It feels good to be back and home again


For a traveller like me, home has moved around over the years.

Moving is a crazy-fest of logistics, whether it’s the next suburb or across the world.

When you come up for air post-moving, you can count on the reason that you moved to take over.

The new job, the new life, that’s your focus now (while you find that cute cushion that will “pull the room together” and fumble your way through moving doctors, finding your best local coffee shop and where to go for a great night out).

There are new friends to make and old ones to keep up with. There’s family (and family’s family), all wanting the latest details to talk about.

“How’s Cara enjoying Brighton?”

“It’s Bristol.”

“Bristol, Brighton, same thing isn’t it?”

(They may want the latest details to talk about but that doesn’t mean they care. You are not the centre of their world. Ego – stand down).

Still, there you are making a new life in your new place, doing all the doing, when up comes a reason for a bit of a getaway.

There’d be that hurdy gurdy of finishing work and getting everything organised; papers stopped, pets sorted and those stupid last-minute tasks that you think you need to do “so you can relax while you’re away” (right?!).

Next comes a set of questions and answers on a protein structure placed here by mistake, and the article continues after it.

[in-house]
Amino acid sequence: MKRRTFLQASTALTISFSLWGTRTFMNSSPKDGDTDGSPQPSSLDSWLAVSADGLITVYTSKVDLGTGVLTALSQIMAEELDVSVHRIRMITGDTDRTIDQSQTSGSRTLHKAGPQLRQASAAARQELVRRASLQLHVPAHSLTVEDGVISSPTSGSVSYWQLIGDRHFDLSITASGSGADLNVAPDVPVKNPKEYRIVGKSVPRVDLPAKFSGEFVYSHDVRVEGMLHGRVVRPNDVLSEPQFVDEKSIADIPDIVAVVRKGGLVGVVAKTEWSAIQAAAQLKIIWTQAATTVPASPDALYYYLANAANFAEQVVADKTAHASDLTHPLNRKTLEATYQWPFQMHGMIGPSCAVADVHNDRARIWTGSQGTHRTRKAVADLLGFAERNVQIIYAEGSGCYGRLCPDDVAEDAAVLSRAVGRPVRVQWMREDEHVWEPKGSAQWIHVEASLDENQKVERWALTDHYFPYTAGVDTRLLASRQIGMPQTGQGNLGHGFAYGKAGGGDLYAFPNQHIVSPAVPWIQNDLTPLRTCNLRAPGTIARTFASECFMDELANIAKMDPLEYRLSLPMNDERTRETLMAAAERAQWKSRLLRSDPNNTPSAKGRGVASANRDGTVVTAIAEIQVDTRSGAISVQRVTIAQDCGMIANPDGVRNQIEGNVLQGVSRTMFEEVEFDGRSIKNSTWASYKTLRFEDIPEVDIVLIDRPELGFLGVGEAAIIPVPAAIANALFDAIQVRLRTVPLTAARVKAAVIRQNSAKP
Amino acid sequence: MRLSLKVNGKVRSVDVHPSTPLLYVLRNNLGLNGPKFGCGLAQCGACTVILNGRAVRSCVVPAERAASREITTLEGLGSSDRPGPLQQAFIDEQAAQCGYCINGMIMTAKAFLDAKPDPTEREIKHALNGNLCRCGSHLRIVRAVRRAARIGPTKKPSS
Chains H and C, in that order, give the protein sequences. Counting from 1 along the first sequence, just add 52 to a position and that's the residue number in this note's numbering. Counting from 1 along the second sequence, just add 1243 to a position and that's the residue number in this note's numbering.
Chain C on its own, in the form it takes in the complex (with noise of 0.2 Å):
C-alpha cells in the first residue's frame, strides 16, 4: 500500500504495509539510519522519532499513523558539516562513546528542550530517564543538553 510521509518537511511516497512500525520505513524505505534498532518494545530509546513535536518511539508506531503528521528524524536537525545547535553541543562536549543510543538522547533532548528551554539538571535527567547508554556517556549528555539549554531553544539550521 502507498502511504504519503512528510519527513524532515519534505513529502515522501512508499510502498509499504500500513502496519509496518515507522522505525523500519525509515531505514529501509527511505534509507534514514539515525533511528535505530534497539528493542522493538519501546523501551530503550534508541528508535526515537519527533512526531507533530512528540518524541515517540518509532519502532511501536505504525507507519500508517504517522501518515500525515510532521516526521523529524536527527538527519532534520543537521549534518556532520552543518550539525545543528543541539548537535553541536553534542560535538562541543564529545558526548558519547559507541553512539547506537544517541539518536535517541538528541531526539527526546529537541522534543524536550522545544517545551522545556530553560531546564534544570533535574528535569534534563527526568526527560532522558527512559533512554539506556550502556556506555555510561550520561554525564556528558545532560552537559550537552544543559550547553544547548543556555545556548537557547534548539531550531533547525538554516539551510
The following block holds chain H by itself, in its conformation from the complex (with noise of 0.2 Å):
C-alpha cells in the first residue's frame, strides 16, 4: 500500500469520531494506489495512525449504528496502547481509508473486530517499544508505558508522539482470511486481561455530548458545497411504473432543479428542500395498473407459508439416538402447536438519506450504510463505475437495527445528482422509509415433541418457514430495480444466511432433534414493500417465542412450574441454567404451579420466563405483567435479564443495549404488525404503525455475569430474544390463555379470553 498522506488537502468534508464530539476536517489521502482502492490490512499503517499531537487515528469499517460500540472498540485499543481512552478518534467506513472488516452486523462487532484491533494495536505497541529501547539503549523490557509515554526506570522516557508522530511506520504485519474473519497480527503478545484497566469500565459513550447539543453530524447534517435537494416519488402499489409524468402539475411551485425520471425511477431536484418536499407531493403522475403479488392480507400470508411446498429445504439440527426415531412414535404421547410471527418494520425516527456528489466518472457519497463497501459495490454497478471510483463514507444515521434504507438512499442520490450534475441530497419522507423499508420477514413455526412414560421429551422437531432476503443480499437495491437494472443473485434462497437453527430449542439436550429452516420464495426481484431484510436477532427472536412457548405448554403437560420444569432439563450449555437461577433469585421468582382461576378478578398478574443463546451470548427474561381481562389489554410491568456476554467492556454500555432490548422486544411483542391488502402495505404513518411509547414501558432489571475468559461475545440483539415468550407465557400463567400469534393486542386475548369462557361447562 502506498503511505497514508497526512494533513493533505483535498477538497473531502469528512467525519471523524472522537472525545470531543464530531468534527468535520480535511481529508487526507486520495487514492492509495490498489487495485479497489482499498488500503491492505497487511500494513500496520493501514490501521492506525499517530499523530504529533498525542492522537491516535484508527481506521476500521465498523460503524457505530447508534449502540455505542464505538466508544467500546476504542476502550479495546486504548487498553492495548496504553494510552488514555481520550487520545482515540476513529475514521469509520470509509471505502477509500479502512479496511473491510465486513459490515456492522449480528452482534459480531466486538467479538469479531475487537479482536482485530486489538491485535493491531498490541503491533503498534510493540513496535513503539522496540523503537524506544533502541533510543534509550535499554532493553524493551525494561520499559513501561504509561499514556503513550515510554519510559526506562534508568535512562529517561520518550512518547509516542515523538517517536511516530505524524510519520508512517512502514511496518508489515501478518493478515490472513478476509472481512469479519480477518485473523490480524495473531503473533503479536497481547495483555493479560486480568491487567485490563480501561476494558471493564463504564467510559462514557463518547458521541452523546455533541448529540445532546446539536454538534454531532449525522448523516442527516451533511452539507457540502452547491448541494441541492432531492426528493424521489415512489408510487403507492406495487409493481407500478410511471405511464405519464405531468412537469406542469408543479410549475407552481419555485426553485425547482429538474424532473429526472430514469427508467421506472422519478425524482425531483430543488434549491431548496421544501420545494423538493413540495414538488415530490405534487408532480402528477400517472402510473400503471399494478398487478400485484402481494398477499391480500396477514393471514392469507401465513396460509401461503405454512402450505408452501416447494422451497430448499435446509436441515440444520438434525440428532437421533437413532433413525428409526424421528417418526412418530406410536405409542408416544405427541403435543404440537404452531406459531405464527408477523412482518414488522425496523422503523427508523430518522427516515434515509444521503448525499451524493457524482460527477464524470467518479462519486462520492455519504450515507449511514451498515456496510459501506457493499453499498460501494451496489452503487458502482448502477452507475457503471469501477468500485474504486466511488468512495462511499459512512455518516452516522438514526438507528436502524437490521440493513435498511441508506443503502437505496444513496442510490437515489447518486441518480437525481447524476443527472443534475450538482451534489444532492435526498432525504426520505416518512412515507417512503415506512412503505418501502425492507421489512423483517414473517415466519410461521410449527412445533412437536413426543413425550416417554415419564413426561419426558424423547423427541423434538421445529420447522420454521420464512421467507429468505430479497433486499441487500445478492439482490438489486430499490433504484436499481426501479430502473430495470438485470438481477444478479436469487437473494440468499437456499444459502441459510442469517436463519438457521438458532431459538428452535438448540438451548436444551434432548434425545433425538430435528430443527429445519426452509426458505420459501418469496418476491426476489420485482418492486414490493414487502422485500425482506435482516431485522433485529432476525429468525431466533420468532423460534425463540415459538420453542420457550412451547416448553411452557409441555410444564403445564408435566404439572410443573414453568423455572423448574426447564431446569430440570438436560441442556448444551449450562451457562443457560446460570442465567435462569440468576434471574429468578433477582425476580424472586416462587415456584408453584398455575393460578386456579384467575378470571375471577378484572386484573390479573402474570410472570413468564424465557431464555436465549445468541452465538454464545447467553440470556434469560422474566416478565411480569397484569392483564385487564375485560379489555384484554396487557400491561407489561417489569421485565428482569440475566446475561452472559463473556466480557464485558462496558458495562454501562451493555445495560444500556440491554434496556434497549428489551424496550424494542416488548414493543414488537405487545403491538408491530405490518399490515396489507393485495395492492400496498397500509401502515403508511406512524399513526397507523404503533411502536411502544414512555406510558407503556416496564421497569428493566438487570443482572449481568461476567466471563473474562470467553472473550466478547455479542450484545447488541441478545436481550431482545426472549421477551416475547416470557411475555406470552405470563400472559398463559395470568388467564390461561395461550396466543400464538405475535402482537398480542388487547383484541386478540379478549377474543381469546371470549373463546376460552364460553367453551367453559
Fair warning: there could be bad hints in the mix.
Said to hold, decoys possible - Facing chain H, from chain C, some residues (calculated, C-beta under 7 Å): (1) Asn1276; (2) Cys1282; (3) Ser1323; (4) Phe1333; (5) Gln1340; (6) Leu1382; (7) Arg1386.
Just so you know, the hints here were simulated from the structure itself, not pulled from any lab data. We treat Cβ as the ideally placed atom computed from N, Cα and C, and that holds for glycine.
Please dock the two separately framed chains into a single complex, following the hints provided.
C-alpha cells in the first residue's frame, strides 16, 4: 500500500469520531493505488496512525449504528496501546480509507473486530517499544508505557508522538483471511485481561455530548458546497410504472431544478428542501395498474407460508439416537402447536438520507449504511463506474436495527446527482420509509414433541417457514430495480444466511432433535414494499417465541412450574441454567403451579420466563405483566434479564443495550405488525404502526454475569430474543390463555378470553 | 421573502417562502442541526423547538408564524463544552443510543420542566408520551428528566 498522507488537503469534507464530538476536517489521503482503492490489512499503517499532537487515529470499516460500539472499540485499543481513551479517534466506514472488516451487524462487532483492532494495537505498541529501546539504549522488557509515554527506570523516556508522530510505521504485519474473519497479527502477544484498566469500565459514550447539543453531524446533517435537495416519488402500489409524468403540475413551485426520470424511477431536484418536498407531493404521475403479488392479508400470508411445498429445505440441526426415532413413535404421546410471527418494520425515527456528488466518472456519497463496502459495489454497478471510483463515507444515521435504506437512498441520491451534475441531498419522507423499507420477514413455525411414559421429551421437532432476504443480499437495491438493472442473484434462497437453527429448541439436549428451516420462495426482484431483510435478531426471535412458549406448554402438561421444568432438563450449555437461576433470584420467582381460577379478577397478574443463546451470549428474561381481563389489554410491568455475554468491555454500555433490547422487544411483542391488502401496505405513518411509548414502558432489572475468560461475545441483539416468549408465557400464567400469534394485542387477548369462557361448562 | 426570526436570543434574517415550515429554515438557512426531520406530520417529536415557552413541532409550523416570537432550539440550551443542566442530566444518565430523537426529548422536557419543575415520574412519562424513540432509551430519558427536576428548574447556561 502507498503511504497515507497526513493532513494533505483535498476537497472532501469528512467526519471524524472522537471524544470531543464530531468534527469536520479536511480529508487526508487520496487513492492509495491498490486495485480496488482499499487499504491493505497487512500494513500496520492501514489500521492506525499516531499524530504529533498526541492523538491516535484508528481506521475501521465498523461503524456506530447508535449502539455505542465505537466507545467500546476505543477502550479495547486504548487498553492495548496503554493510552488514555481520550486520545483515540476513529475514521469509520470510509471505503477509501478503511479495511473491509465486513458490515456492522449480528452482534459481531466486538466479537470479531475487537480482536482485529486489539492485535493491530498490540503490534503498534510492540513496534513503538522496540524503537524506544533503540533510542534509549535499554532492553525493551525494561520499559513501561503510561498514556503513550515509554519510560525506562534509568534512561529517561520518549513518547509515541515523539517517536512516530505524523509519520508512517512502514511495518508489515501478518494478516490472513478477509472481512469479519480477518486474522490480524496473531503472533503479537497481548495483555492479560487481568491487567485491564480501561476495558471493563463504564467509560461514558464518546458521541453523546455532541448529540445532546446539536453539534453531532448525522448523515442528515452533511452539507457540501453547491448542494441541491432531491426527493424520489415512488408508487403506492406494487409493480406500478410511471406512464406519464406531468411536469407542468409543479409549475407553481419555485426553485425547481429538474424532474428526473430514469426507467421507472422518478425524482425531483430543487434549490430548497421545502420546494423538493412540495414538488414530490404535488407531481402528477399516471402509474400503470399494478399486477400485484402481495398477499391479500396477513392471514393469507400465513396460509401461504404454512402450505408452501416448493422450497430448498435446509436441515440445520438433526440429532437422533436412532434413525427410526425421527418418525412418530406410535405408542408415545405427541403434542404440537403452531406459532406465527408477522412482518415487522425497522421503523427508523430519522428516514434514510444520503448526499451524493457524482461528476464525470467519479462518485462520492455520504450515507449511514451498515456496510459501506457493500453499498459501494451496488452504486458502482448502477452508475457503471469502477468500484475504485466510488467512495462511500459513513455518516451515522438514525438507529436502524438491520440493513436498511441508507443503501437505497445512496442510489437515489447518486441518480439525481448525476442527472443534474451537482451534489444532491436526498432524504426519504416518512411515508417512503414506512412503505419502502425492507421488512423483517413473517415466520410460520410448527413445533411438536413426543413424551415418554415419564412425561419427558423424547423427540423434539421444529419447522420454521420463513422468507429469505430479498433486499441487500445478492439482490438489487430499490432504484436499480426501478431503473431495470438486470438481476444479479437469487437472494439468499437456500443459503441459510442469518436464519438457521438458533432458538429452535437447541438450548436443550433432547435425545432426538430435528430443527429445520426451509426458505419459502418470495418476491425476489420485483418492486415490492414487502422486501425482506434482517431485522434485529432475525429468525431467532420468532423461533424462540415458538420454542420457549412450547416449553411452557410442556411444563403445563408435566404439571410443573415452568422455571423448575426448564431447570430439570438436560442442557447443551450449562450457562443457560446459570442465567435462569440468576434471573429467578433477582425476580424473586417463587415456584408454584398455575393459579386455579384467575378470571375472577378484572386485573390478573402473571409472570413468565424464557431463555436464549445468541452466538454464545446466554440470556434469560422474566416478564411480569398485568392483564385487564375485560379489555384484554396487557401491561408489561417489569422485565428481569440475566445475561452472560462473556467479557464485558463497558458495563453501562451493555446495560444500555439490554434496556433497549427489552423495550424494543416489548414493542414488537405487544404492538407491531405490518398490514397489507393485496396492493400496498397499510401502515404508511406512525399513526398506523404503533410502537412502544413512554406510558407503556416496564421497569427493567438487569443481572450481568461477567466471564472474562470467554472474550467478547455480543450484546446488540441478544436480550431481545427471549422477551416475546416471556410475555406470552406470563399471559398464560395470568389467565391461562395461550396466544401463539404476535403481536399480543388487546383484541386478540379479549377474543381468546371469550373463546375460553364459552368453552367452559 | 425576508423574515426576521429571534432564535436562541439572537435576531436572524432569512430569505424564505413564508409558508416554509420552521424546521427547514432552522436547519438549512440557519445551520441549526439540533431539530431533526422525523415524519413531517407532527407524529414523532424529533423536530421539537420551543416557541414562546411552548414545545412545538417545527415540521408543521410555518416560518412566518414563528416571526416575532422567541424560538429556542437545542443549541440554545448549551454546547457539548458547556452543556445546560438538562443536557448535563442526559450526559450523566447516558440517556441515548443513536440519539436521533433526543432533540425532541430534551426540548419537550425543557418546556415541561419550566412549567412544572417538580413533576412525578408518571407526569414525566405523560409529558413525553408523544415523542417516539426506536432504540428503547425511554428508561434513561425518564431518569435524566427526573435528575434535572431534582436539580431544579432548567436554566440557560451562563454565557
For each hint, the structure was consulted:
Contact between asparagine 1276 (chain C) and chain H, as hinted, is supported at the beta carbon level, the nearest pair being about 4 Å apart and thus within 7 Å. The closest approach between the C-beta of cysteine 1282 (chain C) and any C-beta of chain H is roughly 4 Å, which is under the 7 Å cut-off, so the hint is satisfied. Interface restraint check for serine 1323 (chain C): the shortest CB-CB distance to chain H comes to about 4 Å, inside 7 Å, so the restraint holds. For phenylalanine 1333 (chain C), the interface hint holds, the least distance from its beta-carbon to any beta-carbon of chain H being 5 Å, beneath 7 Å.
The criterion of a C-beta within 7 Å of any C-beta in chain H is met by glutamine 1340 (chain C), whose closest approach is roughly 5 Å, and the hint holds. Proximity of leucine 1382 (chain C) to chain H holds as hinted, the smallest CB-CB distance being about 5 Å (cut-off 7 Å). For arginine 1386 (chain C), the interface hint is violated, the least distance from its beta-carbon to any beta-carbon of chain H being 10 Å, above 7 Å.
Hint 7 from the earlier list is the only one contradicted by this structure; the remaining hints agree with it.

Often, I’d only realise that I’d truly adopted the new place on returning.

I’d be surprised by that wave of anticipation stealing into my body as familiar sights, smells and sounds welcomed me, wrapped me close and carried me to my door.

I’d know that this place was home.

Last month, I went back to an old home in Bristol.

The town was thriving and I admired so much of what was going on, but I felt no ownership. Visiting was glorious, without any sense of loss I’ve moved on.

By contrast, the drive from Dunedin to Dee St in Oamaru was delicious.

A blood red sky called us in, through the mighty hills of the Leith Valley, curling round Shag Point and racing upwards to the special thrill of Welcome to Oamaru, Maudes Rd, Saleyards, the Community Gardens and Public ones to home.

There were meetings last week that oozed Oamaruvian passion. Town revitalisation. Youth Employment Skills Development. Cancer Support. International Student Exchanges. Native Trees. Business Development and the new Regional Business Partnership Programme.

It feels so good to be home.

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